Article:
A reelected Reagan
If Ronald Reagan is reelected, will he be a different president than during his first few years? The question is already relevant. With poll ratings running high, Mr. Reagan does seem well positioned to capture a second term.
From conversations with the President's associates comes this projection of a reelected Reagan:
* The President's approach to governing: He would remain as he is - part ideologue, part pragmatist. ''But,'' as a White House aide says, ''in a crunch the President becomes very practical. He's very grudging about it. But he's willing to make the compromises necessary in order to get something done.''
Most apparent in Mr. Reagan's second four years would be his effort to improve on his record. He did this as California governor, exerting his influence in getting the legislature to provide more money for education and to enact welfare reform. Overall, Reagan gained some pretty good marks for his eight years in Sacramento after a rather lackluster first term.
Reagan believes he has already made a positive record for himself in his handling of the economy. But he is aware that the massive deficit threatens the recovery. He would be going all out to reduce that deficit.
He would seek to use a return to the presidency as a mandate to get Congress to enact further reductions in federal spending, particularly on social programs. But he would also accept some new taxes - ''Taxes on consumption - not savings,'' Commerce Secretary Malcolm Baldrige said - to move the budget to black ink.
In marking up his achievements in Sacramento, Reagan was helped immeasurably by a cooperative Democratic speaker. In a second term, look to a close working relationship with Speaker Thomas P. (Tip) O'Neill Jr. - if Reagan can bring this about.
* Reagan and the conservatives: The President would throw some bones in their direction. He'd push Congress to provide tax credits for parents with children in private and parochial schools. He'd show support for a silent prayer in the schools and anti-abortion legislation.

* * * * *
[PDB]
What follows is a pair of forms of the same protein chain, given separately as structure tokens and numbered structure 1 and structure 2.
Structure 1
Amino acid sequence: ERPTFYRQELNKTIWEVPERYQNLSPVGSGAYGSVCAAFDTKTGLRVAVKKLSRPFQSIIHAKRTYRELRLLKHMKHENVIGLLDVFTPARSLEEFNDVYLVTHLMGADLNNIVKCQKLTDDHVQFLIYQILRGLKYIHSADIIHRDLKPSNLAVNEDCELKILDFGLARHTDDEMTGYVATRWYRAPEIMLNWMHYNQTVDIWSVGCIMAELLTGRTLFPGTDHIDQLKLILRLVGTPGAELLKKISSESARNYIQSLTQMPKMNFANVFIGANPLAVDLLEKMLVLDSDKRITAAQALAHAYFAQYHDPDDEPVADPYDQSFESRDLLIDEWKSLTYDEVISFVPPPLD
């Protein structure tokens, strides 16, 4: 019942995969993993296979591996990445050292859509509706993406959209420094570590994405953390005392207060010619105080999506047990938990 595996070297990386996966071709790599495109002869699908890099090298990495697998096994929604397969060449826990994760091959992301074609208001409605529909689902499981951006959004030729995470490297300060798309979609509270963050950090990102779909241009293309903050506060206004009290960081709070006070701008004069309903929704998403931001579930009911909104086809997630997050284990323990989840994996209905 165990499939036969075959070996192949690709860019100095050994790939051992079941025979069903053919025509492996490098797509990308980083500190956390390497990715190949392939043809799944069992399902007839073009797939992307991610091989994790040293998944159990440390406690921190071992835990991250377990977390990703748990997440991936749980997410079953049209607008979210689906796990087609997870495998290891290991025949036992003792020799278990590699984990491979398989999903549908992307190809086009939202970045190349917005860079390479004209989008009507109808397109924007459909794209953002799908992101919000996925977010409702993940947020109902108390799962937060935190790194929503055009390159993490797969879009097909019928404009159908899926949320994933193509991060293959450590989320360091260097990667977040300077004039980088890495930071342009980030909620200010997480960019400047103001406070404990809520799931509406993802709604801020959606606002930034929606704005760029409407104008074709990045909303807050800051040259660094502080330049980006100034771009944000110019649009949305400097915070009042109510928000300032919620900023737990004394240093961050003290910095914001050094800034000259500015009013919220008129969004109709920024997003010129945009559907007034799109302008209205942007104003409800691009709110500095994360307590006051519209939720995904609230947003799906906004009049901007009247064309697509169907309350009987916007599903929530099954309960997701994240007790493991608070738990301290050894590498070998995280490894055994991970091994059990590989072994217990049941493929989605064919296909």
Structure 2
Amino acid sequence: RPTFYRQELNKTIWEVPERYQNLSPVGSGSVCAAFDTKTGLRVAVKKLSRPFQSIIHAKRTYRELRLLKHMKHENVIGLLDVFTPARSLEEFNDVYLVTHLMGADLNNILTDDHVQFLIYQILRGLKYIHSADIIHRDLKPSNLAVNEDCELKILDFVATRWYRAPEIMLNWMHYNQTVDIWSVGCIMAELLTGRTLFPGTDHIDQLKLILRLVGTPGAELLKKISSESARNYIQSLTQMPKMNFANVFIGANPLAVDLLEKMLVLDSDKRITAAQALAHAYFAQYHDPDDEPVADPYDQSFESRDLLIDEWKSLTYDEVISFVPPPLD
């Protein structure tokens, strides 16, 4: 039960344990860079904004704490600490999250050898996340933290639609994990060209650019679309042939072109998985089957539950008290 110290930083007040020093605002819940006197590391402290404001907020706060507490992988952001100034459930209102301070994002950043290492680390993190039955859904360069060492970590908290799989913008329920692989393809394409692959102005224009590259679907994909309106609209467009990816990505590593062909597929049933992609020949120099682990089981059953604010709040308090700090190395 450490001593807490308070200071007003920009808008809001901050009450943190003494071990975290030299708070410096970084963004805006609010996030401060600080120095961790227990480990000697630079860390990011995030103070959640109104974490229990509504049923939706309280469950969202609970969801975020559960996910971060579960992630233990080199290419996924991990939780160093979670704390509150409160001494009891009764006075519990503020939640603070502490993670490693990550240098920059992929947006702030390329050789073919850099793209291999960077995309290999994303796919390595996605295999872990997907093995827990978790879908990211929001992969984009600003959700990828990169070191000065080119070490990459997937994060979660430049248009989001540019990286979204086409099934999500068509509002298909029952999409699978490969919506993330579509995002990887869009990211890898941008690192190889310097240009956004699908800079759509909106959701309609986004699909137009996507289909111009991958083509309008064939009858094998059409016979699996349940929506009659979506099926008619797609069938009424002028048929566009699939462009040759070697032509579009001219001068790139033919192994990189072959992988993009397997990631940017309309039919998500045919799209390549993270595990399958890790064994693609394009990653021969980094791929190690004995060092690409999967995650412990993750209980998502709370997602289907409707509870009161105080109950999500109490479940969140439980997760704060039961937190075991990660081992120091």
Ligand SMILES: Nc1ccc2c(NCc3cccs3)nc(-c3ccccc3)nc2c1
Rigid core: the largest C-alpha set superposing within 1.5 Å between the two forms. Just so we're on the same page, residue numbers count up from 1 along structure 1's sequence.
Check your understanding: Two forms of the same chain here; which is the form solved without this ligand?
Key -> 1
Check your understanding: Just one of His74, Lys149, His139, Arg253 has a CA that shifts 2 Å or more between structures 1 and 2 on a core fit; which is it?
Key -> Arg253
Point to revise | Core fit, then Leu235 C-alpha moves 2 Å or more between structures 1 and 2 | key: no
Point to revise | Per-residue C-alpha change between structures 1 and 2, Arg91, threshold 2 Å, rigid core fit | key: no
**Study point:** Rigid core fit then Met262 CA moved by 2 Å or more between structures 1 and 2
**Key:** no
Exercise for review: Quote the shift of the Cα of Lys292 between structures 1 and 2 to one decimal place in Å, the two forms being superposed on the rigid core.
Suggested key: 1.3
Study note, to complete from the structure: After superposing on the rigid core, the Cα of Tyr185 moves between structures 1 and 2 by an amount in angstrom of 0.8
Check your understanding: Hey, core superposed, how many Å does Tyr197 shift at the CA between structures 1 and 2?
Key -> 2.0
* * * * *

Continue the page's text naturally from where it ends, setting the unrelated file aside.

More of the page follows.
But a Reagan aide emphasizes that the President would not make conservative social programs priority items. Thus the conservatives are likely to become even more disenchanted with Reagan than they have become during his first term.
* Reagan and foreign affairs: He would no longer be the novice he was in 1980 . He would lean on that experience to try to turn a mixed assessment of his initiatives abroad into good, and perhaps rave, reviews.
Reagan's prime objective after 1984 would be to leave the White House as a President who is viewed as having moved the nation and the world toward peace.
Mr. Reagan is likely to further irritate friends among conservative ''hawks'' by agreeing to nuclear-arms-control accommodations with the Soviets that run counter to public attacks on Soviet leaders.
* Administration staffing: The Reagan team would likely remain much as it has been. Reagan isn't one to shake up his personnel. He rewards loyalty by keeping those on their jobs as long as they want to stay. There will be no request from Reagan that all members of his Administration submit resignations at the beginning of the second term - resignations he can use or not use as he pleases. So no one should be surprised if the Cabinet remains much as it is today, now that presidential counselor Edwin Meese is poised to replace William French Smith as Attorney General.